|No, I'm not gonna defend The Trade. But in my notes, I was suggesting that maybe Joe should've been wearing an Astros cap in the Hall, as, after all, he did play more years for the Astros than he did for anyone else.|
But a quick peak below shows that if Morgan had continued playing for the Astros, he probably wouldn't have MADE the Hall of Fame.
|1968 Topps # 364||1970 Kellogg's # 72|
|%age as Astro||45.5%||39.0%||40.2%||36.2%||38.6%||34.1%||65.6%|
|%age as Astro||26.9%||28.9%||36.4%||40.9%||96.3%||95.4%||92.0%|
|Don't get me wrong: I'm a big Joe Morgan guy. As an Astro fan, you take your links to the Hall where you can find them: an Eddie Mathews here, a Robin Roberts there. But Morgan's claim to the Hall, already somewhat tenuous, relies on two main things: 1) the back to back MVP years, 2) the 268 homers, until recently considered outstanding for a middle infielder. |
Neither, I can with a great deal of conviction say, would have occurred had he stayed with the Astros. With him him or without him, the Astros were not going to become "The Big Orange Machine." No World Series, No Division Titles, No MVP for Little Joe. And while the Dome obviously helped his triples, it certainly hurt his homers.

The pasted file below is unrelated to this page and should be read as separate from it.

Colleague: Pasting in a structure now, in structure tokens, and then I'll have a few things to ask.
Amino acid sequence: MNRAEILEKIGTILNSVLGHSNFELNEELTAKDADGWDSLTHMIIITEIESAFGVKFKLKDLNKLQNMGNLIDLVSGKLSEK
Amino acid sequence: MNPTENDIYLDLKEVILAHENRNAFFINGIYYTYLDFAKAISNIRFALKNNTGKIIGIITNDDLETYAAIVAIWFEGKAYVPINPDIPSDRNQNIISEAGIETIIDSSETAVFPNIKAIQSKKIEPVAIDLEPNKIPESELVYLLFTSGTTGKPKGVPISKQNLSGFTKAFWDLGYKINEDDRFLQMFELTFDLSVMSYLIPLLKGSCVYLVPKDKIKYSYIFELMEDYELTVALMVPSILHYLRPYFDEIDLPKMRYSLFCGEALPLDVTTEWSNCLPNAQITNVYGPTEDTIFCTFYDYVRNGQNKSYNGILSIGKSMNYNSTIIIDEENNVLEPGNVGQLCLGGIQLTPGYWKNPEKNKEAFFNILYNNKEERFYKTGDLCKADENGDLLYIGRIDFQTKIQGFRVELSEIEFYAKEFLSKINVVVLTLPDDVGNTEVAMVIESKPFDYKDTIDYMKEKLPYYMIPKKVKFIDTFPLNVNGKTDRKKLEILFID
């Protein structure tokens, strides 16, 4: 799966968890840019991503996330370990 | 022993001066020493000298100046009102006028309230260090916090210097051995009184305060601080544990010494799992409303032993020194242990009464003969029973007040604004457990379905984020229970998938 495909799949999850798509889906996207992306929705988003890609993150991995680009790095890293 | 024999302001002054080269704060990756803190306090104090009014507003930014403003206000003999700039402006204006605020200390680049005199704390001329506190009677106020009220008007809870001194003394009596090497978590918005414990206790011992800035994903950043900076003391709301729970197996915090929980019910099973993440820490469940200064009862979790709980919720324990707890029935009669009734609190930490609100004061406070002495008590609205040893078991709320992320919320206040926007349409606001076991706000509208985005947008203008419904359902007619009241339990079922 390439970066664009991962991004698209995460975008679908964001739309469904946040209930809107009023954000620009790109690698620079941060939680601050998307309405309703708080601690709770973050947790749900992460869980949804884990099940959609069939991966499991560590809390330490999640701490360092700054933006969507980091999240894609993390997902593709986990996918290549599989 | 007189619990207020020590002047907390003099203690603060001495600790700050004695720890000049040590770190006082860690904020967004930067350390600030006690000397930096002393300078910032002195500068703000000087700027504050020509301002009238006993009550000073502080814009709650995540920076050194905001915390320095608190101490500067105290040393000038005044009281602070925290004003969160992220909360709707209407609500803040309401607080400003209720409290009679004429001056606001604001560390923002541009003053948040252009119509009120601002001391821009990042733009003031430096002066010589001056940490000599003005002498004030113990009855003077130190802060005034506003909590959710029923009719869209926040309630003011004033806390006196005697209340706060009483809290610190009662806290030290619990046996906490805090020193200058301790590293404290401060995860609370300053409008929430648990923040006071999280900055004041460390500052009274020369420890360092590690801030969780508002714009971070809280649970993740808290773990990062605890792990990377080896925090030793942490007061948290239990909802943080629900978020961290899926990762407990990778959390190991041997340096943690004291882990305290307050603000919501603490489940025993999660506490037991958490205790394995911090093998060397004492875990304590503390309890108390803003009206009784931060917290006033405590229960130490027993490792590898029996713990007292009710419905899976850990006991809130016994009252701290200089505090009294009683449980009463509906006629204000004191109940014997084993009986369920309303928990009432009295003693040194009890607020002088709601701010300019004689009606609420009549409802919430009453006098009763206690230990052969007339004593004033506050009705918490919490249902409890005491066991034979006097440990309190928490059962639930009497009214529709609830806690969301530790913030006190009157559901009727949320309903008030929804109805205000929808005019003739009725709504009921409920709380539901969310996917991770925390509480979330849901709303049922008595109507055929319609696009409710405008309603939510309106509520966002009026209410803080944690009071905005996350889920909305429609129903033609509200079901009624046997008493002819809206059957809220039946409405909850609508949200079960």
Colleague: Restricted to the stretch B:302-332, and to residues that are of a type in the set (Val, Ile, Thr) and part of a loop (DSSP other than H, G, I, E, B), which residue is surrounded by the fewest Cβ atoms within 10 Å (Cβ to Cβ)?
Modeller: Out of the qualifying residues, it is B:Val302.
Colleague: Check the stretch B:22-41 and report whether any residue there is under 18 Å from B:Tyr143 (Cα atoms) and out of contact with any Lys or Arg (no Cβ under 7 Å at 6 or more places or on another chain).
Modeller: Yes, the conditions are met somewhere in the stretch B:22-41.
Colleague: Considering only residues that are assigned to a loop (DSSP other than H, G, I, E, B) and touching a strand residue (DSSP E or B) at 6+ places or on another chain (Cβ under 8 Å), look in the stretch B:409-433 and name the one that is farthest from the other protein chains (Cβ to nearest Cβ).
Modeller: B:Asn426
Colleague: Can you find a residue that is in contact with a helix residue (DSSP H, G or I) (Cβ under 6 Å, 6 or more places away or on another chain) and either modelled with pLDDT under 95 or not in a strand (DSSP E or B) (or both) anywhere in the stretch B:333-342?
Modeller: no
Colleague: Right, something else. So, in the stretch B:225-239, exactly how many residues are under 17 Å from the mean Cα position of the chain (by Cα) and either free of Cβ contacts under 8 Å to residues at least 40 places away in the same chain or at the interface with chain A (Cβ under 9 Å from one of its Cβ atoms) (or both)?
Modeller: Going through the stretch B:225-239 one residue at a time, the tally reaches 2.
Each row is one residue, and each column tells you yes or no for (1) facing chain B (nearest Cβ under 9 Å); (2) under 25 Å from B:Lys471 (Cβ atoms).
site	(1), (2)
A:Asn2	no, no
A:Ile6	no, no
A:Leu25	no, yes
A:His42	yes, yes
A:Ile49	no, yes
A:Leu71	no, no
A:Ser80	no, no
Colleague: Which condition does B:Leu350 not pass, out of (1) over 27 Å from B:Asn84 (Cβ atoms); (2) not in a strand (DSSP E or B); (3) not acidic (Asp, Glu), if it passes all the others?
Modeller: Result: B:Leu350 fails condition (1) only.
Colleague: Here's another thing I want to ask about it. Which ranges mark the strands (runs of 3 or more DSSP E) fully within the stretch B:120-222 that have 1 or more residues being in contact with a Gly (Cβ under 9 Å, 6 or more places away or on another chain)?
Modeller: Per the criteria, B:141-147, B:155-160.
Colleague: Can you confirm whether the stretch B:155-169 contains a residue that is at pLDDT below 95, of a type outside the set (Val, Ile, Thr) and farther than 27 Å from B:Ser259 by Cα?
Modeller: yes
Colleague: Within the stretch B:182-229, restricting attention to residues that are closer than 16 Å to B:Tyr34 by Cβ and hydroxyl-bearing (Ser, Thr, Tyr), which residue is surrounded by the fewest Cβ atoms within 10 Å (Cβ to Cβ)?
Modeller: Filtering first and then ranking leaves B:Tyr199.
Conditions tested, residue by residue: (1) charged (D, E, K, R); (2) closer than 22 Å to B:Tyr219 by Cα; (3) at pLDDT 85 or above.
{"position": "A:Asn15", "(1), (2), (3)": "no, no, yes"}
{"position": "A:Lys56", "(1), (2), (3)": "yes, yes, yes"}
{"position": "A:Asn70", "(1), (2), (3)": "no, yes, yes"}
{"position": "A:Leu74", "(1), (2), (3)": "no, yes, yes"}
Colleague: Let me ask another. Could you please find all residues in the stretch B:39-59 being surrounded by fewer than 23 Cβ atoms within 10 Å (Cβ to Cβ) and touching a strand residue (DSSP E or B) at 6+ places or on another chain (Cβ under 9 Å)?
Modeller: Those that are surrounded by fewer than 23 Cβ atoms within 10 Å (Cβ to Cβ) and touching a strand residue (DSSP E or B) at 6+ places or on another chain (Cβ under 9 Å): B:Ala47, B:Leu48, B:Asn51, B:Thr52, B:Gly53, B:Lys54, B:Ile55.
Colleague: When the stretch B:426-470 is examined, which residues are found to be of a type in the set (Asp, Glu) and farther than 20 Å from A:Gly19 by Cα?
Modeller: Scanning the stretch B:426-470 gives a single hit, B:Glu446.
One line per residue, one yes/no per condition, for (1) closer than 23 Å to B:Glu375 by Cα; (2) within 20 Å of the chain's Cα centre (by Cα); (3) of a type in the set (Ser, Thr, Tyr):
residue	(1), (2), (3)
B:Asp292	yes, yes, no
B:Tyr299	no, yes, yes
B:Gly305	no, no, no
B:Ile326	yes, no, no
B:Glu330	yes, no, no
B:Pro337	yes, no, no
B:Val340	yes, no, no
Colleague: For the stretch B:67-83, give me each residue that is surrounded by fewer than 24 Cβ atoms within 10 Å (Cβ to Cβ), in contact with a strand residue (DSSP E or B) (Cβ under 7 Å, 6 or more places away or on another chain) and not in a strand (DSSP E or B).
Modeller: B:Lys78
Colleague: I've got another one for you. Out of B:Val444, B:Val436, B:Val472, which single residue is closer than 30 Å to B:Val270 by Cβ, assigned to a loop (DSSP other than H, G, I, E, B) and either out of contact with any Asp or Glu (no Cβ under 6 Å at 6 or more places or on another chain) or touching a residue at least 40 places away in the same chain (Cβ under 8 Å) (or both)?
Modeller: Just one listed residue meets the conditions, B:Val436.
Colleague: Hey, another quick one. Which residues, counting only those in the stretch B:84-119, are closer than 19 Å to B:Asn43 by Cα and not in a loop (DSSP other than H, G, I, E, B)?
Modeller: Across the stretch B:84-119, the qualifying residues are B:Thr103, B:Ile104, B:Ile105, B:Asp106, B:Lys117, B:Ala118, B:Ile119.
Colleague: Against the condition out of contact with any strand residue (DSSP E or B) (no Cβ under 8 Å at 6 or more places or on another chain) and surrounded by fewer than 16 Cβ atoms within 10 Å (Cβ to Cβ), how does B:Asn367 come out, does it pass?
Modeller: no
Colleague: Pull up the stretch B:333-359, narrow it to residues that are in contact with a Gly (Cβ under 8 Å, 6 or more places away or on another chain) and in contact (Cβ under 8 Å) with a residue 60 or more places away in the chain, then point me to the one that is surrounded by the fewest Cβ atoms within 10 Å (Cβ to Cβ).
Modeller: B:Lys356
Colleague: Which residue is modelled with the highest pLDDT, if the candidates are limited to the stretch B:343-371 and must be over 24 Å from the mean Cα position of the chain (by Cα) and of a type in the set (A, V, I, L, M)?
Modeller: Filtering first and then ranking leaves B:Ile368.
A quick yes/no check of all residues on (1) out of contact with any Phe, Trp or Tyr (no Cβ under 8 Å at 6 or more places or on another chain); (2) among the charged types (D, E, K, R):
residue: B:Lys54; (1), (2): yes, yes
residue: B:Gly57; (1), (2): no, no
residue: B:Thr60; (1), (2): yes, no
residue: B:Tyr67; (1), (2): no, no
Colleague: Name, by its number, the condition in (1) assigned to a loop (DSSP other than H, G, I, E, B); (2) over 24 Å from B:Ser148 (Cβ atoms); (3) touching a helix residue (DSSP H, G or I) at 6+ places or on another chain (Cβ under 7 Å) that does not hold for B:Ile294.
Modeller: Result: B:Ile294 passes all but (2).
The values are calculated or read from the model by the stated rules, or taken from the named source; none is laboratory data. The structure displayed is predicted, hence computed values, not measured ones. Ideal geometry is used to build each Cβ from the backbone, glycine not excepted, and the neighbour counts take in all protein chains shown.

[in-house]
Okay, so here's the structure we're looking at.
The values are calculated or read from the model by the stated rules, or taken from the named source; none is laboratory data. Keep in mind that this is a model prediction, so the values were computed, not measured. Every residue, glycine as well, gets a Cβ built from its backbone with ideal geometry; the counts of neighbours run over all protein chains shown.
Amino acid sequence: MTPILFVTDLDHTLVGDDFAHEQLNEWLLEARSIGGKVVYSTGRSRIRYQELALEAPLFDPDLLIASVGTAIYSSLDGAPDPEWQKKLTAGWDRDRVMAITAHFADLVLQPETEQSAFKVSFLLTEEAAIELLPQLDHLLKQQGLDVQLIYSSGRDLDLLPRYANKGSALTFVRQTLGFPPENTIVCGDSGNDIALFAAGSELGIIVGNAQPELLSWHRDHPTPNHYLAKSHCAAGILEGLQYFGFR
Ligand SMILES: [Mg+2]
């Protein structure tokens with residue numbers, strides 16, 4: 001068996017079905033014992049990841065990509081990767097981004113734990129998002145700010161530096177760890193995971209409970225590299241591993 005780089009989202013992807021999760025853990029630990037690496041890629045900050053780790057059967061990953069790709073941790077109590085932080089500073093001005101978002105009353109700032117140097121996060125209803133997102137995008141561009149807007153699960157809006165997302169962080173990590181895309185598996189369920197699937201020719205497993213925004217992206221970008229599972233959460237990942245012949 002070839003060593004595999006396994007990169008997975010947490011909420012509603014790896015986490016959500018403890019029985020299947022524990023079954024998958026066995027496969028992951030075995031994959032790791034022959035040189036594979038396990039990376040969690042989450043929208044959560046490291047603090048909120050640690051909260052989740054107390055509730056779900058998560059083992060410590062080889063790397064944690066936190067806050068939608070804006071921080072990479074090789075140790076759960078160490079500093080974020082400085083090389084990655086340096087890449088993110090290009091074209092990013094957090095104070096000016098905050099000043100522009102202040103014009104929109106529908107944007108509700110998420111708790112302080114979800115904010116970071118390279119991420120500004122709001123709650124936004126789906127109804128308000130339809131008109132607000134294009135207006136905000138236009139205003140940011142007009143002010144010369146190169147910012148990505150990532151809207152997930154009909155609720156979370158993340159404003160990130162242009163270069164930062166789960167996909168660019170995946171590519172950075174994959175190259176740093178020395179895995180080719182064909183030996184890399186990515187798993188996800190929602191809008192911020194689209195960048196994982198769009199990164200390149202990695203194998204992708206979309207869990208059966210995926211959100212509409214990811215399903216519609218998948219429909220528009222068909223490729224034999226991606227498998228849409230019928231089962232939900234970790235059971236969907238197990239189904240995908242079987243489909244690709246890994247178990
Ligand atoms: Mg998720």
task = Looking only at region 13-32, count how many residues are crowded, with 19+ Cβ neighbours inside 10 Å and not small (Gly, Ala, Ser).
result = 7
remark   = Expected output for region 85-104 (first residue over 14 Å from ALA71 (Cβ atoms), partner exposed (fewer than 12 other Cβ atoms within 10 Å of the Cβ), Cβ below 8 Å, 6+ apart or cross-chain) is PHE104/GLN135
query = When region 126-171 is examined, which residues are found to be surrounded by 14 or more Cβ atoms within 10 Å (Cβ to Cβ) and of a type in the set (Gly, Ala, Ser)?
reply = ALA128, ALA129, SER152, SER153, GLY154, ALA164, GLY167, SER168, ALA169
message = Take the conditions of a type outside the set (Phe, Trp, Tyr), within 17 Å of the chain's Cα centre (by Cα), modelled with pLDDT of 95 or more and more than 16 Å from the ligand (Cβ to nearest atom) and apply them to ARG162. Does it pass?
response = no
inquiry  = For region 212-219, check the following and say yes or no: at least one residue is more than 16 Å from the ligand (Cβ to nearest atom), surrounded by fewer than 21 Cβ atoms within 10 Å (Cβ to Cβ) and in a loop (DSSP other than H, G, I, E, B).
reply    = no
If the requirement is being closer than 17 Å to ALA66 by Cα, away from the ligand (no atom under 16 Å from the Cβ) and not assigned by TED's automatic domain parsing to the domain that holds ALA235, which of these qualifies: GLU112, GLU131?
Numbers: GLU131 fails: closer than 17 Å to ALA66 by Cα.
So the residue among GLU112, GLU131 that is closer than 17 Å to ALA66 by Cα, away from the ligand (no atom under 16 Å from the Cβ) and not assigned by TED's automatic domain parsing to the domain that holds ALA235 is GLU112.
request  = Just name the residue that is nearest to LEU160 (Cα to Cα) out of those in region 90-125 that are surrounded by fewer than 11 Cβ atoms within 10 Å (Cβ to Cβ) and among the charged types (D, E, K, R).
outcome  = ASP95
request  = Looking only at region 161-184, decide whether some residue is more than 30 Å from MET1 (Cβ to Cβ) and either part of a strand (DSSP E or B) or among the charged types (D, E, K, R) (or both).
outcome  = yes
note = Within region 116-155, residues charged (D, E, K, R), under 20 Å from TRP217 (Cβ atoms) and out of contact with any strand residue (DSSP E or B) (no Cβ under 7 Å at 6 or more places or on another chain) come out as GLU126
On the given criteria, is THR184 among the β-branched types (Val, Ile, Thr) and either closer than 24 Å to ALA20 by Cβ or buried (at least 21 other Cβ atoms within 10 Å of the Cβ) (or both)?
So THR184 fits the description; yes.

|1971 Topps # 264||1980 Burger King # 30|
|I don't know if it's fair to say that by prorating his numbers, Morgan would have finished a 22-year Astro career with 1313 runs, or 2138 hits. But I do know that even as it stands, John Kruk has a better career OBP than Morgan, and I do know that Gary Gaetti has more doubles. The Black Ink test gives Morgan a 15, ahead of Robin Yount certainly, but also behind Eddie Yost, Cecil Fielder, and one-time teammate George Foster. Now take away the MVP's, and about 100 homers. So yeah, I understand why Morgan wears a Reds cap in the Hall.|
|1992 Upper Deck Baseball Heroes # 40||2002 Topps American Pie Through the Year Relics # JM|